Articles by Kathryn Britton
Kathryn Britton is a coach working with professionals to increase well-being, energy, and meaning. She teaches positive workplace concepts at the University of Maryland and blogs irregularly at Positive Psychology Reflections.
What happens when the oldest old look back over the course of their lives and share their stories with younger generations? Can helping older people retell their stories can be an effective way to support and prolong their well-being?
Bridget Grenville-Cleave’s new book is distinctly small, not much bigger than the size of my hand and lighter than a medium-sized sandwich. That may seem like a strange way to start a review. But a book that is lighter than a sandwich can go anywhere with me. So now that we’ve established that it’s an easy companion, what does it bring along? This is a book for people who want to put positive psychology to work in their own lives, or those of family members, clients, or colleagues.
We are members of the Sandwich Generation, providing advice and support to both our children and our parents. For our children, we can draw on memory to understand what they’re going through. But for our parents, memory doesn’t serve. We’ve never experienced what they’re experiencing. Informed imagination has to take over.
Do you think of marketplace behavior as neutral, negative, or moral? Paul Zak and other researchers argue that market behavior on the whole is moral behavior that both benefits from and contributes to social connectedness. Surprised? Read on.
As the very last event of the IPPA Conference, Dr. Richard Davidson and Dr. Barbara Fredrickson invited a panel of five scientists to give very brief reports on their own work related to meditation and decision-making. Bethany Kok, Helen Weng, Clifford Saron, Erika Rosenberg, and J. David Creswell each gave 10 minute excerpts.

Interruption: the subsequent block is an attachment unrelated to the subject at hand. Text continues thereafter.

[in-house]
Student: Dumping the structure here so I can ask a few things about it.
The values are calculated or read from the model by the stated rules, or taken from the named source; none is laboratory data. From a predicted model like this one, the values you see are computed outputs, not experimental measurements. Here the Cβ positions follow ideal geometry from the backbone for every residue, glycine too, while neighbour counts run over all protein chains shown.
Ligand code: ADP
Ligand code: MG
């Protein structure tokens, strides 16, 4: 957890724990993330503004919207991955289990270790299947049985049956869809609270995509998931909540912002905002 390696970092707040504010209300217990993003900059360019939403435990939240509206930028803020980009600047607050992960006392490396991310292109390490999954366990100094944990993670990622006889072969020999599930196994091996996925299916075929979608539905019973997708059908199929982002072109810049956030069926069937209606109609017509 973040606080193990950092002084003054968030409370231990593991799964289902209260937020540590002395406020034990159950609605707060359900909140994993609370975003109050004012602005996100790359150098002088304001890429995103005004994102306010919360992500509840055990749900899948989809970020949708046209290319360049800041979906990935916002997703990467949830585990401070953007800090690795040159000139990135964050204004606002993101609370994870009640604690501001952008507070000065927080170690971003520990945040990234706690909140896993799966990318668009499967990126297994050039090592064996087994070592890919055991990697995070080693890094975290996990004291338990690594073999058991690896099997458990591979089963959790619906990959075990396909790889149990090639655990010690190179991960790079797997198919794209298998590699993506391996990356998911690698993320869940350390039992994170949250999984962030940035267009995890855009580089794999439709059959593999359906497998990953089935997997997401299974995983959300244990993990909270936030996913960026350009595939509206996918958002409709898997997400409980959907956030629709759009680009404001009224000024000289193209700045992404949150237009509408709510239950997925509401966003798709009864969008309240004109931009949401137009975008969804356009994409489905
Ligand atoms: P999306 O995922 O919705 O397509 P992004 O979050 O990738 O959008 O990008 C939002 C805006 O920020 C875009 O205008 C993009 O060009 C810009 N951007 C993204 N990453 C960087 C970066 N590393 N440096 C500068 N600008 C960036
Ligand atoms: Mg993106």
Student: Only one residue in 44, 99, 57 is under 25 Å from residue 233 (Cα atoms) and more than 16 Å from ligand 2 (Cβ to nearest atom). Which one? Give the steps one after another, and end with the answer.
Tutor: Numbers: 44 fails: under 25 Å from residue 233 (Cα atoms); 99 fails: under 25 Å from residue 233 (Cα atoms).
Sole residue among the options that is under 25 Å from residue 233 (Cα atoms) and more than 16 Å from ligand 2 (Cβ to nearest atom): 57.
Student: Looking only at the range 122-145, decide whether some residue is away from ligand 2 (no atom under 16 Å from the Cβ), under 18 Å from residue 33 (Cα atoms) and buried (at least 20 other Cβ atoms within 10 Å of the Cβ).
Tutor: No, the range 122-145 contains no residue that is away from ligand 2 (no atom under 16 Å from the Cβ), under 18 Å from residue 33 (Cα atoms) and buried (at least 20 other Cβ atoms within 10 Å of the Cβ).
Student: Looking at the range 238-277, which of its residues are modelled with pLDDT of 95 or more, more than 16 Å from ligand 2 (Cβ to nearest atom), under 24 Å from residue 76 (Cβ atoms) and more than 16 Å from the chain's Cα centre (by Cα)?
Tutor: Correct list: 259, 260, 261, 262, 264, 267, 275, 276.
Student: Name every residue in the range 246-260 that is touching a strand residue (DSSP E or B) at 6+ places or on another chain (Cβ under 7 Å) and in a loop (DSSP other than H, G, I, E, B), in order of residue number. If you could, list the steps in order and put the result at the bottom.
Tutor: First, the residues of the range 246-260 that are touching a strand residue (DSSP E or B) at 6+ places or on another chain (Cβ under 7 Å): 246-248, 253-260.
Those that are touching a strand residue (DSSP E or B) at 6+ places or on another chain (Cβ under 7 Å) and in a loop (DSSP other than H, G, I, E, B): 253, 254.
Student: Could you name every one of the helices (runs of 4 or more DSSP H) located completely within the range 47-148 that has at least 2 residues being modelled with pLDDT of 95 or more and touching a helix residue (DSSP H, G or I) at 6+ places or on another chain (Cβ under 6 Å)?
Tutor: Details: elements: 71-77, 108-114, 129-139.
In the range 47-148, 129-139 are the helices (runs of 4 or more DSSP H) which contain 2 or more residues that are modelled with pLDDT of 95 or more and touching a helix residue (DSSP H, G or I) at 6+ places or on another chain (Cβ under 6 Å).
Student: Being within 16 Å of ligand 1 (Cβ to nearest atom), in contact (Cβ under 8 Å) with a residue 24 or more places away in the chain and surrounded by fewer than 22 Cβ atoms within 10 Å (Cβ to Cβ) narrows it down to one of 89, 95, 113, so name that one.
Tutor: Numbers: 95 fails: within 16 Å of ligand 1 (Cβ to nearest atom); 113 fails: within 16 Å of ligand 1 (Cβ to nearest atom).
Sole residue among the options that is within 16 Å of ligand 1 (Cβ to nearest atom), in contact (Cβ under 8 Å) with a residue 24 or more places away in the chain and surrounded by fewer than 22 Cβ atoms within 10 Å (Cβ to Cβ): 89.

The last day of the IPPA Conference opened with a keynote address by Dr. Richard Davidson about changing the brain by transforming the mind, finding pathways to sustainable well-being.
A Propitious Time in the History of …
The opening night at the IPPA World Congress included naming 6 new IPPA fellows, followed by addresses from three exceptional men. Ed Diener on 5 research findings, Chris Peterson on 6 directions that positive psychology is moving, and Martin Seligman on measuring and extending well-being.
In her keynote speech at this summer’s IPPA Congress, Barbara Fredrickson invited the audience to suspend their ideas about love for 45 minutes in order to absorb her definition, and then see what resulted when they put her definition together with what they already knew.
What is passion? Is it always beneficial? Are there different kinds of passion? What actions can we take to nurture beneficial passion in ourselves, our colleagues, and our children?
It’s Memorial Day, a time to think about people who are gone. It’s also a good time to think about posttraumatic growth, the experience of positive change that comes through struggling with loss. Growth emerges from struggling with a broken picture of the world, putting it back together in new ways. What kinds of posttraumatic growth are there? What behaviors or social contexts accompany growth?